When war broke out, Johnston served in the 2nd Battalion of the Grenadier Guards, seeing it as a way out of the coffee business. As a technical adjutant with the tank division, he took part in the Normandy landings, the advance into Belgium to liberate Brussels, and the crossing of the Rhine into Germany. At the end of the war, the battalion was turned back into infantry and Johnston was promoted to the rank of major and awarded the MC.
During the hostilities, he had met two BBC reporters, Stewart Macpherson and Wynford Vaughan-Thomas, at a dinner party. By chance, after being demobbed, he was to see them again at another dinner party and Macpherson arranged an interview tor him with Seymour de Lotbiniere, the BBC's head of outside broadcasts and an Old Etonian. In January 1946, after some tests, Johnston was taken on.
His first BBC broadcast was a live report on an unexploded bomb that was being blown up at the bottom of the lake in St James's Park in central London. Describing the explosion and its after-effects, the nervous reporter became very excited and signed off by promising listeners to bring them a 'bigger and better bomb next week'.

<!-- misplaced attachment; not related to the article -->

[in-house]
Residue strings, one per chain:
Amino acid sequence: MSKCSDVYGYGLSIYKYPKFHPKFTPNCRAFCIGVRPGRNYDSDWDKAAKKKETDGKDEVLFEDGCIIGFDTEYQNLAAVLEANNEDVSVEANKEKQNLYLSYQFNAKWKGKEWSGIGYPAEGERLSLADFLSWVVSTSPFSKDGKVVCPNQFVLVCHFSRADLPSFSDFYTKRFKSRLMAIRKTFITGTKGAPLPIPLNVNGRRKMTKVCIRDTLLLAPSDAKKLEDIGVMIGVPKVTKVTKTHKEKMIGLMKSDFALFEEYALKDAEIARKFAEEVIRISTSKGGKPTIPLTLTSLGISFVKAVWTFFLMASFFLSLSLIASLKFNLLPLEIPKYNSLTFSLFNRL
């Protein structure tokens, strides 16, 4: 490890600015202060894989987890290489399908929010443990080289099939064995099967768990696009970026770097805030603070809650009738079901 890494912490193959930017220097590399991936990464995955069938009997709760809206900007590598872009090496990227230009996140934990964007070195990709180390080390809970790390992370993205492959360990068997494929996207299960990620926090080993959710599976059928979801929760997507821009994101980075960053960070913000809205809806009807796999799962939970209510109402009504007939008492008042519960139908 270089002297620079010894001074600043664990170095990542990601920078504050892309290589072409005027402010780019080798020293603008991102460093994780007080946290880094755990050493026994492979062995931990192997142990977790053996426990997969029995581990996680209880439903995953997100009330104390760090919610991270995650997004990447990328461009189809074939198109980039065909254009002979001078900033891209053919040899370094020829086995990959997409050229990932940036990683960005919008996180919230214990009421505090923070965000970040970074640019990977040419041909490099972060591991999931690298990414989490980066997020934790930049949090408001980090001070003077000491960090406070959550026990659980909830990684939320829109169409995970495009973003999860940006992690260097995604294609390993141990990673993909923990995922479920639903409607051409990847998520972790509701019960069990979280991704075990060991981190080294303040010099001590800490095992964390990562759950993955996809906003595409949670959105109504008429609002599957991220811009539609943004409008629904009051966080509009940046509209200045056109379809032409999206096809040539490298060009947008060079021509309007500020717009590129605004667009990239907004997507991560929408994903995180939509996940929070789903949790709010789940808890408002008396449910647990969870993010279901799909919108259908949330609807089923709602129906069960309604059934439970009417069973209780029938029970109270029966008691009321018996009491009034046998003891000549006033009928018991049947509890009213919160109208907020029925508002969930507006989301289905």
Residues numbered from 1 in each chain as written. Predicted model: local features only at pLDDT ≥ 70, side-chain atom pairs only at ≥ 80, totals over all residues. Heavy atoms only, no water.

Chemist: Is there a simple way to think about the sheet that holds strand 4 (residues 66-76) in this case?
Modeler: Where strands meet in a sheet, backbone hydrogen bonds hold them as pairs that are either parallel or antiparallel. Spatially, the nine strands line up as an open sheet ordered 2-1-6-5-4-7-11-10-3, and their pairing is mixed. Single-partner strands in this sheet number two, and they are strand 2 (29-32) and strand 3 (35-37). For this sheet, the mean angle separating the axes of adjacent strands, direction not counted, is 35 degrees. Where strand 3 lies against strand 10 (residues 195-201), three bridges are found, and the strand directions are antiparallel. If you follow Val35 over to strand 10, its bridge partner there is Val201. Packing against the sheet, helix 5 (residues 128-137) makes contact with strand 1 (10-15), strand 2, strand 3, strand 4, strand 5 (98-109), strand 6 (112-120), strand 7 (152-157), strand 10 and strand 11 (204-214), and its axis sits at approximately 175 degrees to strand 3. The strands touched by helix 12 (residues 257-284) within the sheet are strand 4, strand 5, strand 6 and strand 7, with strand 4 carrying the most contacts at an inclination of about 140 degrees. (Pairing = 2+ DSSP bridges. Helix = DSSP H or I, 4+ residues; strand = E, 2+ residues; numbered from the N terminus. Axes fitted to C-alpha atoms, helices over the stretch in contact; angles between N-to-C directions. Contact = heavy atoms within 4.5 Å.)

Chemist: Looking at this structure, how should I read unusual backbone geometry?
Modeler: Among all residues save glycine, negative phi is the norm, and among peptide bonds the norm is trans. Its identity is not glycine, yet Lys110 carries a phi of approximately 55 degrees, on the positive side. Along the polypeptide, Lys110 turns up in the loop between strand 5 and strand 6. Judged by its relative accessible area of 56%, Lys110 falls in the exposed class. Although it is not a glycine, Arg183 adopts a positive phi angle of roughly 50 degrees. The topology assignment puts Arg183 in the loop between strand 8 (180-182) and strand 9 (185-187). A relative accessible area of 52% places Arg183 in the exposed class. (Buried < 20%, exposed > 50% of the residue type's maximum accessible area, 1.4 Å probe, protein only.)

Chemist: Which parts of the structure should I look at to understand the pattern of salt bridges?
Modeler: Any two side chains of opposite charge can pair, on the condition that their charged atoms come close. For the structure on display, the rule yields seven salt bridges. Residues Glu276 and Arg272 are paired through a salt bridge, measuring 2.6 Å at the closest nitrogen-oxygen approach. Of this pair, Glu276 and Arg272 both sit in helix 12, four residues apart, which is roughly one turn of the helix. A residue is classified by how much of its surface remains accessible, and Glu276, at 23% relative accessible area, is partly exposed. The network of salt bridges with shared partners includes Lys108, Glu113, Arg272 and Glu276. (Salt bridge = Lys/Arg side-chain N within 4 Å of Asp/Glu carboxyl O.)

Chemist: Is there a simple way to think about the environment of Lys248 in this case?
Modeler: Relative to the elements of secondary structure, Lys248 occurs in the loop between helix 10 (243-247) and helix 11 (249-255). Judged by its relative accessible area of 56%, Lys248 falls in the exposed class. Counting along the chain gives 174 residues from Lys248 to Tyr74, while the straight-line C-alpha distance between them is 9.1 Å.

Working in outside broadcasts brought Johnston work that combined his two loves of theatre and cricket. When BBC television restarted after the war, Ian Orr-Ewing - who had previously played cricket with Johnston - asked him to take the microphone for cricket commentaries, beginning in the summer of 1946. Up to that point, only four Tests had ever been televised, and everyone involved was learning as they went along. Over the next 24 years, Johnston became synonymous with televised cricket, not only commentating, but also becoming the BBC's first cricket correspondent, in 1963. In the days of Television Newsreel, he would dub commentaries on cricket film and such was his stature that he also played a commentator in Terence Rattigan's play The Final Test, commissioned by BBC television for the Festival of Britain celebrations in 1951.